She's also worked on a wide range of documentaries, including Super Smart Animals, BBC One's Animals In Love and Big Blue Live.

"I've always had wanderlust and I can't believe how lucky I've been to travel the world, looking at nature and helping to show people the incredible things on our planet. Science has opened up so many opportunities for me and I hope I can show young girls that it can do the same for them and that far from being dry or dull, it's endlessly interesting and varied.

"While my real love is big cats, and I'm determined to study one of the most elusive cats on the planet - the snow leopard - I've recently learnt more about elephants and been blown away by their emotional intelligence.

"One female in Botswana is ingrained in my memory forever. She and I locked eyes for what seemed like an eternity and she reacted to my every tiny movement. These animals remember places they've only visited once, sometimes up to 40 years ago, and can find them again. Their mental capacity is awesome," she enthuses.

"Mammals like whales are just as fascinating. On location in Mexico, grey whales came up to our boat and presented their calves to us and supported them out of the water so that we could scratch their bellies - unbelievable! It would be wonderful if we could understand the complex social structure of whales.

"But truly one of the most surreal moments I've had was actually having a two-way conversation with a bonobo ape in America who was aware that as a visitor I could take him out in a car for a picnic. He signed to me requesting that and pointed out he'd need to wear a collar. It showed an incredible power of forward thinking."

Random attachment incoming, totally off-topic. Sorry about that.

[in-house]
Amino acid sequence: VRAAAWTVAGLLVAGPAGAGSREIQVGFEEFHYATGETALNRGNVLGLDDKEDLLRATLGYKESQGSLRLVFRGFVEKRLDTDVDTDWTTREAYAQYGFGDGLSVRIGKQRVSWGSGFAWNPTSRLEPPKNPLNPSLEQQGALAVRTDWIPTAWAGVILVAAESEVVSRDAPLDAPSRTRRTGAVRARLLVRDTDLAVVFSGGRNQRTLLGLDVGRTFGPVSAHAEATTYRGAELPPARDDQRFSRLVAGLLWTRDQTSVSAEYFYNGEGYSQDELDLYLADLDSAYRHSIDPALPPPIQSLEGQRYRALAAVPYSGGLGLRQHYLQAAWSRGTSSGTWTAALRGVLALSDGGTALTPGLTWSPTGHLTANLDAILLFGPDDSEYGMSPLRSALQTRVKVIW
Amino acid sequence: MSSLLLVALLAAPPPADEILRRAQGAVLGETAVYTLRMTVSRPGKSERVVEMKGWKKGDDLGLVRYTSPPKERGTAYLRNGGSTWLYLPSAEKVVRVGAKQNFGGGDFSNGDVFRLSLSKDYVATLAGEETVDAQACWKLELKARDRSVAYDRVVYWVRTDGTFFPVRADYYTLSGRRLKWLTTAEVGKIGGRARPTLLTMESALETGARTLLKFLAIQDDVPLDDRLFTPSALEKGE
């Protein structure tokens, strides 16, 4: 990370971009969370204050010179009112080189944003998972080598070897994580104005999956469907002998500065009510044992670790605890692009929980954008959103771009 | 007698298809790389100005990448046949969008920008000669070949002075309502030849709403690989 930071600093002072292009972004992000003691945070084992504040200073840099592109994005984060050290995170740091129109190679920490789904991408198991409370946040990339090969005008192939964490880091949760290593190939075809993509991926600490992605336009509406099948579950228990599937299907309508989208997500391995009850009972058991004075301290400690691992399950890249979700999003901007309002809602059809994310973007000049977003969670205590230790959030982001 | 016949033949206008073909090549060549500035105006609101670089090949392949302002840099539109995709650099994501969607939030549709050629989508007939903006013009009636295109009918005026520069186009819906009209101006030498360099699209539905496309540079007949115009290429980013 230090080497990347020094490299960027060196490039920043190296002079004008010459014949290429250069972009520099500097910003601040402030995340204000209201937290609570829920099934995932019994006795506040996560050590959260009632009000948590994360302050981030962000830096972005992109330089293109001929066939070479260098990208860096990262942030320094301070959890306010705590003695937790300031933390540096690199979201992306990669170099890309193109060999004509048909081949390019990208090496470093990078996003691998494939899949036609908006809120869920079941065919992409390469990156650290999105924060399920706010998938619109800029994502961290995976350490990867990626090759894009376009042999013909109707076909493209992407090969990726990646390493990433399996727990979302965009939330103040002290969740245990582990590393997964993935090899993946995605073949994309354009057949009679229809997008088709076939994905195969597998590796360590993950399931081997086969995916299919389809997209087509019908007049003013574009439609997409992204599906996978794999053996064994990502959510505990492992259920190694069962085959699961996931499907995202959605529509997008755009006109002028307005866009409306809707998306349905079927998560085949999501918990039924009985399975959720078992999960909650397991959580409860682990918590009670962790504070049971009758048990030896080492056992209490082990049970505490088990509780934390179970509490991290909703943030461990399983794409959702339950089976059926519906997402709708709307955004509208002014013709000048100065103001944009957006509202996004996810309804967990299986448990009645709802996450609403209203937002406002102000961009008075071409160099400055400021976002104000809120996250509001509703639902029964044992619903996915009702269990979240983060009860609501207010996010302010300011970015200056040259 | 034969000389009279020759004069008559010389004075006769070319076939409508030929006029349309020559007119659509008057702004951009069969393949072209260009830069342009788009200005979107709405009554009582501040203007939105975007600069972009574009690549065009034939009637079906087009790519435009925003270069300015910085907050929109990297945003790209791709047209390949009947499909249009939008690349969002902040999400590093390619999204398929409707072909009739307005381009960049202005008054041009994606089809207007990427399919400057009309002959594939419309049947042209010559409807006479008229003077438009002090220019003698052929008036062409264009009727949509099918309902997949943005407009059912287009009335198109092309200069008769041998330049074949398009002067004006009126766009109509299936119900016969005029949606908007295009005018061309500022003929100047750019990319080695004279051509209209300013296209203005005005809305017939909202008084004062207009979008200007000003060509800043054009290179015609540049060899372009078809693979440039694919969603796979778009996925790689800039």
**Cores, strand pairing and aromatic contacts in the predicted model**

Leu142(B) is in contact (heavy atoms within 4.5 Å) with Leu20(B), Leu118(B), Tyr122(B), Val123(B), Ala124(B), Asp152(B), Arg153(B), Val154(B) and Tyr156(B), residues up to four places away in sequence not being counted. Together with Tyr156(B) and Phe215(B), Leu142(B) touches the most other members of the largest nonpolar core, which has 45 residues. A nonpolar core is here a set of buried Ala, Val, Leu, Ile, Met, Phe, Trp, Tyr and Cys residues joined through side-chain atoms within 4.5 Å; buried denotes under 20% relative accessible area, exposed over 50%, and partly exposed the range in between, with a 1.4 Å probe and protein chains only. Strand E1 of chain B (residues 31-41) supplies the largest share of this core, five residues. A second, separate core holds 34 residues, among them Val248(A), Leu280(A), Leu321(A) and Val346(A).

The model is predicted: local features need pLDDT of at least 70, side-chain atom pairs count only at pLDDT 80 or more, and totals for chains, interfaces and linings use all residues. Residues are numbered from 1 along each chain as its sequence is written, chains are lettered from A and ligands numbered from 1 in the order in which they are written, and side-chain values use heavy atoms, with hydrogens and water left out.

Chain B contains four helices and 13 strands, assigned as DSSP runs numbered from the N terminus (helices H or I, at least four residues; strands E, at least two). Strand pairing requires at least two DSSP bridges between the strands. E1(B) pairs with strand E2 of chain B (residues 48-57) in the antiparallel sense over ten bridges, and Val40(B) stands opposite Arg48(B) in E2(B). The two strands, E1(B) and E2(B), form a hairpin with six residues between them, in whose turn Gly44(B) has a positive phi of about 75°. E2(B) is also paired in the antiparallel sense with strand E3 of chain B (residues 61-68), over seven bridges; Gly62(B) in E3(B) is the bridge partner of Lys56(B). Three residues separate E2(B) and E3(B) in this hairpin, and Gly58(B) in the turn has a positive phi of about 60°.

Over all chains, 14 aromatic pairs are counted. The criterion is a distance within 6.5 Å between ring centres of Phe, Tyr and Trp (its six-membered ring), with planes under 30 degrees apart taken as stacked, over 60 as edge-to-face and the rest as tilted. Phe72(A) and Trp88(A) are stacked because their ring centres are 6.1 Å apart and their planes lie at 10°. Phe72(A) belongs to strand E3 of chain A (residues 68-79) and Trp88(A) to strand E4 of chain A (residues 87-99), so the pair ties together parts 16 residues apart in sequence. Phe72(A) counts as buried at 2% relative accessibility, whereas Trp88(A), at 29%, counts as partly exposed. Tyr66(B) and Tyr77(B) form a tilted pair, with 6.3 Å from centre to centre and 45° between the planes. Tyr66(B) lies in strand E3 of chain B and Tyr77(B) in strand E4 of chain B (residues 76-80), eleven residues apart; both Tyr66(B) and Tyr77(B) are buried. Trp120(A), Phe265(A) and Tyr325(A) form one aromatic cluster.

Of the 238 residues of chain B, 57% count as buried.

Her life's not been without risk, though. She's had a rather too close encounter with a tiger which became enraged by the film crew's presence, on a dive off Northern Ireland in choppy seas a cameraman ran out of oxygen, and she braved a challenging journey plunging to oceanic depths in a tiny submersible craft.

"In exciting but precarious situations, you have to be fatalistic and accept that these sort of adventures involve risk and all you can do is try to minimise it and stay safe. I'm determined to explore as many places and species as I can in my lifetime.

"I know everyone can't do that and I realise it's all too easy for people to get bogged down in daily routines, but it still amazes me how many don't have much interest in the natural miracles that are out there, and the abundance of wildlife, often just on their doorsteps.

"Part of what I do is, I hope, to inspire people to get outside. They don't have to travel miles like I do, it can be just to a park or the countryside. If they do, I think they can regain a sort of wonderful childish curiosity. Out in the open, wherever it is, you find you breathe easier, get a smile on your face, enrich your life and, even better, you'll find out more about this incredible little rock, Earth, which is suspended in the vast universe."

Liz Bonnin is a role model for EDF Energy's Pretty Curious programme (aimed at encouraging teenage girls to study science-based subjects at school and beyond). Visit

Belfast Telegraph